Eating Raul Castro: Brother Act, Too

Last Thursday, as Iraq burned and flared and burst into an S-O-S of body parts, the visionaries responsible for producing that bomb sat comfortably in D.C. writing the script for a post-Castro Cuba.

Condoleezza Rice and Karl Rove were there, so at first I figured the “leak” about the meeting was just a little Rovian propaganda geared toward earning Cuban-American votes for Republicans.

Then I found out the meeting capped two days of enormous games at the Fort Lauderdale Convention Center in which 520 officials from 75 different federal, state, and local agencies played the Cuban-U.S. version of Dungeons and Dragons. With us taxpayers footing the mini-bar bill.

One popular scenario had Fidel's death throwing the island into such chaos that Cuban refugees filled up detention centers from Florida to Texas, never mind the fact that power has already calmly passed into his brother Raul's hands.

Then there was the version that had the Cuban military in hand-to-hand combat in Havana against the island's pro-democracy forces, all 16 aging radicals of them, who I guess assault the troops with Metamucil instead of Molotov cocktails.

Even if there are young firebrands among Cuba's splintered dissidents, they will be too busy squabbling with each other to go after the Army, and none of them will have guns unless the U.S. brings them. Which might be the idea.

Homeland Security's Rear Admiral David W. Kunkel claimed they were only preparing for the remote chance of a mass exodus from the island. But if it were so remote, why have so many involved in the games, and why now when the U.S. is struggling to pull some kind of plan for Iraq out of its star-spangled ass?

The only answer that makes sense is that the same directors that brought us “Bombs Over Baghdad,” and the “Adventure of Hurricane Katrina,” are seriously preparing for another ball-buster of a hit, “Bay of Idiots: First Blood.”

That's America for you, a can-do optimism that knows no bounds, neither time nor space, nor history, nor common sense. If there's a will, there's a way; always look on the sunny side.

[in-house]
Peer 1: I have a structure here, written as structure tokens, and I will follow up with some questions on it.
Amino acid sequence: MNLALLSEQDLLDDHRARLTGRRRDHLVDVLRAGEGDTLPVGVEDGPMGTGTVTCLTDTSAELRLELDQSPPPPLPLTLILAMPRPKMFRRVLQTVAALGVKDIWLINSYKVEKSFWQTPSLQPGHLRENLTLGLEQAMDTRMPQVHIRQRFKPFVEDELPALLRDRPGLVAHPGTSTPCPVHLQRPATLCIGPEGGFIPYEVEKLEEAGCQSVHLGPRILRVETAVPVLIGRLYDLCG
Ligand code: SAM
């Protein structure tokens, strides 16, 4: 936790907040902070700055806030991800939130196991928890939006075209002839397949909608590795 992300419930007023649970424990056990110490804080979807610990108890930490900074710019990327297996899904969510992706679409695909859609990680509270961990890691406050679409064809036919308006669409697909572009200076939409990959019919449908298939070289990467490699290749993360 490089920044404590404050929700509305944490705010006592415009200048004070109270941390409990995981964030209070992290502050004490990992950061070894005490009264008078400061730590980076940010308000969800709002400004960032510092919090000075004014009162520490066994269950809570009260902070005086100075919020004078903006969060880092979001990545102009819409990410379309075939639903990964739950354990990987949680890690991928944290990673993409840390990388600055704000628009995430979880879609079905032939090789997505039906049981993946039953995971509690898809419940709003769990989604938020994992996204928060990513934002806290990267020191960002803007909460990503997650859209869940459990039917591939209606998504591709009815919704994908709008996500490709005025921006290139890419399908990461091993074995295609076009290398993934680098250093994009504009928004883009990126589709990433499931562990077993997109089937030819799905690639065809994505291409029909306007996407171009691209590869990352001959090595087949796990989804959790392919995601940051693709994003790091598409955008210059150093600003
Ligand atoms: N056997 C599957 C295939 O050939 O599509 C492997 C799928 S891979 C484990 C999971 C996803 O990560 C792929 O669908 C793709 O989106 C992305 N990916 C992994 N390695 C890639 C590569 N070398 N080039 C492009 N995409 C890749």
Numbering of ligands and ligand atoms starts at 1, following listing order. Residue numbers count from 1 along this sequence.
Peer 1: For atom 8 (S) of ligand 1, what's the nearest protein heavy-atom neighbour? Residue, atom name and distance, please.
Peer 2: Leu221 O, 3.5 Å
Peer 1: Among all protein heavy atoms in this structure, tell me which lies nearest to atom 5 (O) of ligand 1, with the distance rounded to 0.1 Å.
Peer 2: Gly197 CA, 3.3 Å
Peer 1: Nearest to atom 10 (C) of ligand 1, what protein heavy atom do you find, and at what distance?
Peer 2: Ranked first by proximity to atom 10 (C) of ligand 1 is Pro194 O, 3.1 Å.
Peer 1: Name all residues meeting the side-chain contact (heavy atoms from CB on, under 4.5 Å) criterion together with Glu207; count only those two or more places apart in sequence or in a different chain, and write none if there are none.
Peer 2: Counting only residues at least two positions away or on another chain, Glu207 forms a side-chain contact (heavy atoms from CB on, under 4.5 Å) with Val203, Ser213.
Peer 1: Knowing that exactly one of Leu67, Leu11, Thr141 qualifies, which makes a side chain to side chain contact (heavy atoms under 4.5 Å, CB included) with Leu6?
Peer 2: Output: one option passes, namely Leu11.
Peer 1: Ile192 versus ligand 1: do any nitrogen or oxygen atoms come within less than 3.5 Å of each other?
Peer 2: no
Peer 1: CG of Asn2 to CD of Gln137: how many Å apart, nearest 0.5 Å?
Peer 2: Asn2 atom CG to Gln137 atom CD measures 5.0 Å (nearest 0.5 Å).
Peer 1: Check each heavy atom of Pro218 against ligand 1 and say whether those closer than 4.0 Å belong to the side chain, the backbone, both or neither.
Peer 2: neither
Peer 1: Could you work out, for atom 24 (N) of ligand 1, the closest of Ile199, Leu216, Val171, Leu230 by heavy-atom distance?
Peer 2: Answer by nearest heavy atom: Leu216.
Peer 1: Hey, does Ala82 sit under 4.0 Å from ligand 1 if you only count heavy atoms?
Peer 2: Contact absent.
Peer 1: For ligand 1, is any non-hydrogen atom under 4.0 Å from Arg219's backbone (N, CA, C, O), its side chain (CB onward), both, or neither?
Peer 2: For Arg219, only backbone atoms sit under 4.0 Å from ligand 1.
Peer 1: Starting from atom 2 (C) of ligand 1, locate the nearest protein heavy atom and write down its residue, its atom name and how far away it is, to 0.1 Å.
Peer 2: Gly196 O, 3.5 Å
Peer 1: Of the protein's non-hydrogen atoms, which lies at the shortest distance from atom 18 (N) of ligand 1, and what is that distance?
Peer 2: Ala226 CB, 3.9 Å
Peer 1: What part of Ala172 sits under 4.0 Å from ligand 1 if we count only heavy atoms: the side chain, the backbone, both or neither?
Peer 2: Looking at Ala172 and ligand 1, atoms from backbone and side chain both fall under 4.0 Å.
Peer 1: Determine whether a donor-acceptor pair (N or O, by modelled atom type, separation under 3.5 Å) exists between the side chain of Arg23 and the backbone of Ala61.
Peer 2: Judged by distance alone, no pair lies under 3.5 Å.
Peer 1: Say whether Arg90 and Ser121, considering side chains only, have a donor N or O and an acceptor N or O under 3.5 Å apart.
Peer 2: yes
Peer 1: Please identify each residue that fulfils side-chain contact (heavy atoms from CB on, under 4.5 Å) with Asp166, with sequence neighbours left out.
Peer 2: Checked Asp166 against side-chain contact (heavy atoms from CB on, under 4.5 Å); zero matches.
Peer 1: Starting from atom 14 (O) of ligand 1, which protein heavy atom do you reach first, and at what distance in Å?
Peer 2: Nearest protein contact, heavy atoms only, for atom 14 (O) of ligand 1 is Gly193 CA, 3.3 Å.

In 2007, I will lose 10 pounds on a diet of ice cream and Cheese Whiz. I will make myself smarter by watching more of the History Channel, and stronger, not by getting off the subway one stop sooner, but by wrestling with my neighbors for the last available seat.

Cubans have their own cock-eyed history of optimism. What else can you call a cultural revolution, the belief you can bulldoze a nation and start again?

It happens on a smaller scale every New Year's Eve, or it used to. That day you sweep and mop the whole house. On the stroke of midnight, you toss all the filthy water out the window and start the New Year clean. (If you happen to be in the East Village Sunday night, don't look up.)

So why not an invasion?

After all, we've had success in Cuba before. Teddy took San Juan Hill. Meyer Lansky conquered Havana with his craps tables and roulette wheels.

Blind faith can be enough. Of course, desperation is better.

Put the two together you get the black civil rights moment and Martin Luther King. You don't need optimism when you're staring into a past marked with slavery, and a present of lynchings, segregated lunch counters, and poverty.

The drag queens and bull dykes of the Stonewall riots weren't fighting for a bright future of equal rights and gay marriage, but against a present of beatings, raids, incarceration, death.

That's what's missing in Cuba. The desperate famine of the post-U.S.S.R. “Special Period” is long gone. So is the totalitarian nature of the dictatorship that spurred the Mariel boatlift.

Sure, half a million Cubans would like to leave, but will they? Half the New Yorkers I know want out, but they don't leave their island either.

I was in Cuba a couple of years ago, and if I had to use two words to describe the place it would be “depressed” and “anxious.” Forget blood in the streets, or mass migrations. Certainly, a U.S. invasion won't spur a democratic revolution.

Cubans have had their fill of trouble. They want more freedom, but won't kill to get it. The revolution is dead, and so are the revolutionaries. What Cuba has now is plenty of functionaries, mostly ones we can work with-if we want to.

Raul has officially extended his hand. Informally, women's groups in the U.S. are forming alliances with women there. Farmers are working on plans for cross-strait trade. Queers, at least Marina and I, are talking about what we can do to support our friends there.

That's a word Americans should learn in the New Year-“support”-and let Cubans write their own future acts.

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